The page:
So I withdrew my assistance and, about a year later, the projects lay in ruins, costing the organization millions of dollars and a big chunk of their already shaky reputation.   That was the price management was willing to pay to avoid admitting it had made a mistake.)

6 comments:

OBS said...

I wish your story wasn't so fucking common in this country. Americans seem to have a fetish for idiocy and incompetence.

I almost added "in the workplace" to that sentence, but thankfully I caught myself -- we value stupidity everywhere. See also: TV, tea party, libertarians, talk radio, etc., etc., etc., etc., etc.

Etc.

Bukko Canukko said...

If you were a reich-winger, you could blame Obama for your unemployment.

I'll disagree partially with OBS about American pig-headedness re: not admitting mistakes. In my limited experience in Australia and Canada, based mainly on seeing how things worked in the hospital medical systems there, the systems seemed willing to change things if evidence showed an approach had been wrong. But in hospitals, it's a matter of life or death, the ultimate reality. So it's harder to stick to fantasy.

But it's human nature to not want to admit a mistake, and to keep on carrying on a failed approach. Down Under in Melbourne, where they have a good public transport system of street trams in the city and track trains to further suburbs, there was an initiative to change the simple-to-use fare cards that you'd buy from a machine into a complicated electronically-read card system named "myki." All you had to do was wave your myki card at a reader on a tram or at a station and it would debit your card automatically for the cost of the fare. The plan was hatched by a Liberal (i.e. "conservative" in the Aussie political sense of the word) state government, suffered many years of delays and billion-dollar cost overruns, yet continued under a Labor state government, and finally rolled out under a successive Lib govt. After years more of delays and extra billions in overruns. It's now a complex mess where you have to register with a central system to get your myki card, which screws over the tourists and non-English-speakers who come to town, the ones who used to just be able to put coins in a machine and get a fare card right then and there. It's been a disaster, but no one wanted to pull the plug.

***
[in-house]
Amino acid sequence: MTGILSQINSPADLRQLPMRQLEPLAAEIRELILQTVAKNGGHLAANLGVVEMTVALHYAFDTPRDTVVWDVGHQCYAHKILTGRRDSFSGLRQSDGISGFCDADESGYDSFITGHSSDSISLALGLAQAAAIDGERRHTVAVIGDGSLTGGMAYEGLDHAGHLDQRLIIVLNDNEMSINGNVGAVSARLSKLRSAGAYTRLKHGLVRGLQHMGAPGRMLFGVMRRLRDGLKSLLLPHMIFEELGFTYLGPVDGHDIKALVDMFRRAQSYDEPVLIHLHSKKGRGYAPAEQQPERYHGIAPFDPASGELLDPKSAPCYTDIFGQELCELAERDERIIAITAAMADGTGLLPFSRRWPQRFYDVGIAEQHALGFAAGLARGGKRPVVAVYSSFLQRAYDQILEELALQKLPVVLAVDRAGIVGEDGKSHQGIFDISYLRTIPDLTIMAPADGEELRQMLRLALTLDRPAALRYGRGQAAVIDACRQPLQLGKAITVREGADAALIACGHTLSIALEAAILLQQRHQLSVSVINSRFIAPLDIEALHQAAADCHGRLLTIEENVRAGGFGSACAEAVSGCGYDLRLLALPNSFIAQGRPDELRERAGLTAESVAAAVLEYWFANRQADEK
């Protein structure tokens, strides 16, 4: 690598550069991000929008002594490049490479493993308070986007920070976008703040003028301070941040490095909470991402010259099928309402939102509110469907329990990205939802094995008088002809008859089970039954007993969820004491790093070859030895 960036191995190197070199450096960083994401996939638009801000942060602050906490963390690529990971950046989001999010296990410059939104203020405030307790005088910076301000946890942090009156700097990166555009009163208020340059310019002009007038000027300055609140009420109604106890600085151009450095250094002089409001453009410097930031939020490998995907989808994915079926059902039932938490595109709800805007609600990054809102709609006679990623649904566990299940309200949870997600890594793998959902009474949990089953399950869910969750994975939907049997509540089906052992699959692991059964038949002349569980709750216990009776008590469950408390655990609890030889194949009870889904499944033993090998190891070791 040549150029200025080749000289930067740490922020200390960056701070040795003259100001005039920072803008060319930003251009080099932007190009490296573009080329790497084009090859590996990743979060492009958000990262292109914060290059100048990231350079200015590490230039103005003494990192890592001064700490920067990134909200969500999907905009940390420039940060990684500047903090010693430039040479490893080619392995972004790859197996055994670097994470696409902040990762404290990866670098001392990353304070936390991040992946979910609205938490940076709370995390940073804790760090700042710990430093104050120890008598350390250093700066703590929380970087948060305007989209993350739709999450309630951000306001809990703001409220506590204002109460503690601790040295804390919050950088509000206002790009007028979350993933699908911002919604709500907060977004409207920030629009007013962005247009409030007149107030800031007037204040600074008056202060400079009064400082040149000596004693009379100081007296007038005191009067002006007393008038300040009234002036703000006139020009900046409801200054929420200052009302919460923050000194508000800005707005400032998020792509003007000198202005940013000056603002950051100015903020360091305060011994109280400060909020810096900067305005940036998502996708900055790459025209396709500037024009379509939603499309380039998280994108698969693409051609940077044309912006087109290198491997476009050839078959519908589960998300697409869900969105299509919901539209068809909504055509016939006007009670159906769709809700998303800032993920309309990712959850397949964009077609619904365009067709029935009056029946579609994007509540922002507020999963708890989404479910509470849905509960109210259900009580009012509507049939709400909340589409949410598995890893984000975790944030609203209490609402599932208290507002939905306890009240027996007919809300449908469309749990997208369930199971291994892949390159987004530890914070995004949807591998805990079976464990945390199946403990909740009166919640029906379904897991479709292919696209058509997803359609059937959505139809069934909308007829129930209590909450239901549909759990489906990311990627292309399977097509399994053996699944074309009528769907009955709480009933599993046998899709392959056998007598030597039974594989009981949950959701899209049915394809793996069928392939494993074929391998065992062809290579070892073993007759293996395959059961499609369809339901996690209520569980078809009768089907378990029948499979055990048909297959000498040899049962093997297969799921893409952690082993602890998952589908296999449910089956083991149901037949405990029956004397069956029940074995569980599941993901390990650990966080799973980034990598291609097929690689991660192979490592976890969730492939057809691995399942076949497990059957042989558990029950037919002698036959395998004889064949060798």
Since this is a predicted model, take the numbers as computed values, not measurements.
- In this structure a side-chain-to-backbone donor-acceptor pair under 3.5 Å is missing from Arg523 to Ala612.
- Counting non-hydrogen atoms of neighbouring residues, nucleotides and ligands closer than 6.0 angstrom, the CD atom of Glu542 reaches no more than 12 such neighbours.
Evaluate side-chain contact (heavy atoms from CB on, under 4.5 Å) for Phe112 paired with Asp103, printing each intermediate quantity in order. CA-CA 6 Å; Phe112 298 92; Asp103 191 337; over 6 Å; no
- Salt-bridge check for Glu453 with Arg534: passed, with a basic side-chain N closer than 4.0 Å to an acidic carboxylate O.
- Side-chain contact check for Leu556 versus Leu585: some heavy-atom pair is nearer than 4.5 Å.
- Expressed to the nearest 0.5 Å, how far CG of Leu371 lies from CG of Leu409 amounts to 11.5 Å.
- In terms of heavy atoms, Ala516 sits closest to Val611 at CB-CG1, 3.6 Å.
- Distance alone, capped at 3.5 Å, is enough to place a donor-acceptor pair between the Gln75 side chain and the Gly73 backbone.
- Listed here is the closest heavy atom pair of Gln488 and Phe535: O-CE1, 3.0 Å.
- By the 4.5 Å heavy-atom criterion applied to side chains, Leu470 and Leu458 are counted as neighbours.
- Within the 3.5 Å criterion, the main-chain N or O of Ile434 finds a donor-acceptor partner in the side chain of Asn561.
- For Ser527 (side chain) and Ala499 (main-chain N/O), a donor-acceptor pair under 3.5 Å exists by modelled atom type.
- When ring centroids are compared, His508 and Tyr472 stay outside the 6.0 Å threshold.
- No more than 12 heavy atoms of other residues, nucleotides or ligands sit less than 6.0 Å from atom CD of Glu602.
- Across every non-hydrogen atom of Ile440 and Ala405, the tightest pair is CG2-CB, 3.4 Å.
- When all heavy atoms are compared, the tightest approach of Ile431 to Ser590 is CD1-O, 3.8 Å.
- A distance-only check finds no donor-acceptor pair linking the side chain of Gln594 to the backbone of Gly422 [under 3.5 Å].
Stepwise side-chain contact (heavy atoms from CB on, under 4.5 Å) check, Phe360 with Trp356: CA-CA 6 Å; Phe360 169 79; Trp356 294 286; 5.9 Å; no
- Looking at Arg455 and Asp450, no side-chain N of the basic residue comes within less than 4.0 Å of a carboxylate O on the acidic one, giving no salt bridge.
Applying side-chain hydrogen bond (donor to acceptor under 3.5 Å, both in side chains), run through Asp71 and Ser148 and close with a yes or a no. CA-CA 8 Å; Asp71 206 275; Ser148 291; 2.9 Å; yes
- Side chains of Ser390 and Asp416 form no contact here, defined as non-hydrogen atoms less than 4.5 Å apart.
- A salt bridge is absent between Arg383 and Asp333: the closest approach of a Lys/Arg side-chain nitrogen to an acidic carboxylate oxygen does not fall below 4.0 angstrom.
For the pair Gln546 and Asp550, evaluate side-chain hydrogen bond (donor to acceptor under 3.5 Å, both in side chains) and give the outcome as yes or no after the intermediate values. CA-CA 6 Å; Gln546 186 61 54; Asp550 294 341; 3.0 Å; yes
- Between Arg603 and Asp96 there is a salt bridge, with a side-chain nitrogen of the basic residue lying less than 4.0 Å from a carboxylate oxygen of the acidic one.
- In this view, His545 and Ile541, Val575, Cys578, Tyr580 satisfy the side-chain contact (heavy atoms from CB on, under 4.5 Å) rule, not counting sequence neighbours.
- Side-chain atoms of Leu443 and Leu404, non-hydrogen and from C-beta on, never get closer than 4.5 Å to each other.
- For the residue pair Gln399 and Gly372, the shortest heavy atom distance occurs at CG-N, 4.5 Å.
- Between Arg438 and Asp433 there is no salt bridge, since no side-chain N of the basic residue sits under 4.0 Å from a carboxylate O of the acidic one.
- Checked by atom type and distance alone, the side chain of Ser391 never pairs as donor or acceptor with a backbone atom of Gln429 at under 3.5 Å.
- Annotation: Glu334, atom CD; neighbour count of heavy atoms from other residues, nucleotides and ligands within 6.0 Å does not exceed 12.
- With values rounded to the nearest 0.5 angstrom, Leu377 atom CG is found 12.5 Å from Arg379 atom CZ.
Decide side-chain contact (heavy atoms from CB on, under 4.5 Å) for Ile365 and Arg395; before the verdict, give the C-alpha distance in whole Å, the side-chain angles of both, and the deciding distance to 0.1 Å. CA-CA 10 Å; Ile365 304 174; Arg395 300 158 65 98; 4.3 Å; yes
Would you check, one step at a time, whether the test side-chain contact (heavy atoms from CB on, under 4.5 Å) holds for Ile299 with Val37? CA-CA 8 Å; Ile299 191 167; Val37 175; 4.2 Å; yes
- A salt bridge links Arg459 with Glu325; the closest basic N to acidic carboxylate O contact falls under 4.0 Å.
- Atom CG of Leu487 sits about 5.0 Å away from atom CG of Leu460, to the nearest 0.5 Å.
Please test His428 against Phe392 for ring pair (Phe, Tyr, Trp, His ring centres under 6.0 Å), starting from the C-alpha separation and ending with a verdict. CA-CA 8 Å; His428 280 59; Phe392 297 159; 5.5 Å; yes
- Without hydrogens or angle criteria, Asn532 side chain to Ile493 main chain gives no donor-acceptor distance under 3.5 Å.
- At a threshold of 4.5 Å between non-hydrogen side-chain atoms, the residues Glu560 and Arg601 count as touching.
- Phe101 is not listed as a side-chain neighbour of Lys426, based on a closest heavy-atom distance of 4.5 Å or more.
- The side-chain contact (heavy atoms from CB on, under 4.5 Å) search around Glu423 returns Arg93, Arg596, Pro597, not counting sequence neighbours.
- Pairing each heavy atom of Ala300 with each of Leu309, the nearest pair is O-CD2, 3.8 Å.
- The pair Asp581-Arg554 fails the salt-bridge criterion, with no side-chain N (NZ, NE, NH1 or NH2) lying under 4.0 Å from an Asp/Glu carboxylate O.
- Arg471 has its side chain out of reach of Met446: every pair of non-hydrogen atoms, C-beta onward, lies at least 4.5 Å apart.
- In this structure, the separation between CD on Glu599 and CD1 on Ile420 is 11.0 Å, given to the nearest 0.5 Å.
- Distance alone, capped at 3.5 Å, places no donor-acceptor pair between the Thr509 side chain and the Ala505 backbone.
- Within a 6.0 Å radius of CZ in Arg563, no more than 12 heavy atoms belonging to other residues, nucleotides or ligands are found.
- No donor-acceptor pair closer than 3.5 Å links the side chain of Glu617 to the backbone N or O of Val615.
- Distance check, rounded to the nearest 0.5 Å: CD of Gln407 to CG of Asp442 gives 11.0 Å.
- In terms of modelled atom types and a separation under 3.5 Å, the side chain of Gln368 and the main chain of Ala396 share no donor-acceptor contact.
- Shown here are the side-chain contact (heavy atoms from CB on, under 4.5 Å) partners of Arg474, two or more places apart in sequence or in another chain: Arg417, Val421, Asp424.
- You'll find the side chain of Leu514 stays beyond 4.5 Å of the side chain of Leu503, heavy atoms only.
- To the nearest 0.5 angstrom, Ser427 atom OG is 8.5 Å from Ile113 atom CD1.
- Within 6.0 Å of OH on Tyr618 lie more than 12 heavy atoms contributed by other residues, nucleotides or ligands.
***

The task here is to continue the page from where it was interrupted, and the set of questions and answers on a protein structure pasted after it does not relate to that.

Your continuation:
Same thing for a costly and perhaps unneeded $billion+ drinking water desalination plant to serve Melbourne, and the privatization of the government-owned passenger rail system in British Columbia, and a half-dozen other major projects I could name except this comment is long and boring enough already. The U.S. might SEEM worse in its head-up-its-assedness, and perhaps it is to a degree. Don't get me started on counter-productive things that lesser-developed countries do, though. However, you're more conscious of American stupidity because you're immersed in it. But take heart! People, businesses and bureaucracies are idiotic everywhere. It's a human disease. And don't get started on the stupid things that dogs, cats and cattle do, either.

OBS said...

I think a dog eating its own shit is actually slightly less stupid than the things the American "right" habitually comes up with.

But otherwise, yeah, I suppose people are stupid everywhere.

Sean Riley said...

I've been contracting since the company I was in my fifth year with decided to lay off about half of it's workforce in late 2008 - What were the criteria for being kept on at said company? You were kept on if you went to the owner's church...

Roger said...

If I ever write the book on managerialism I am always planning this is precisely the sort of evidence I will be looking for.

Last company I worked for full-time the main criteria for being kept on was whether you were either related to or sleeping with a member of the senior management team.

And to add insult to injury they still brought in their student sons and daughters and paid them to pretend to work in the holidays.

And come to think of it I left around the time of Obama's first inaugural and haven't had a proper full time job since either....

starskeptic said...

Bukko - I wish the same were true of American hospitals...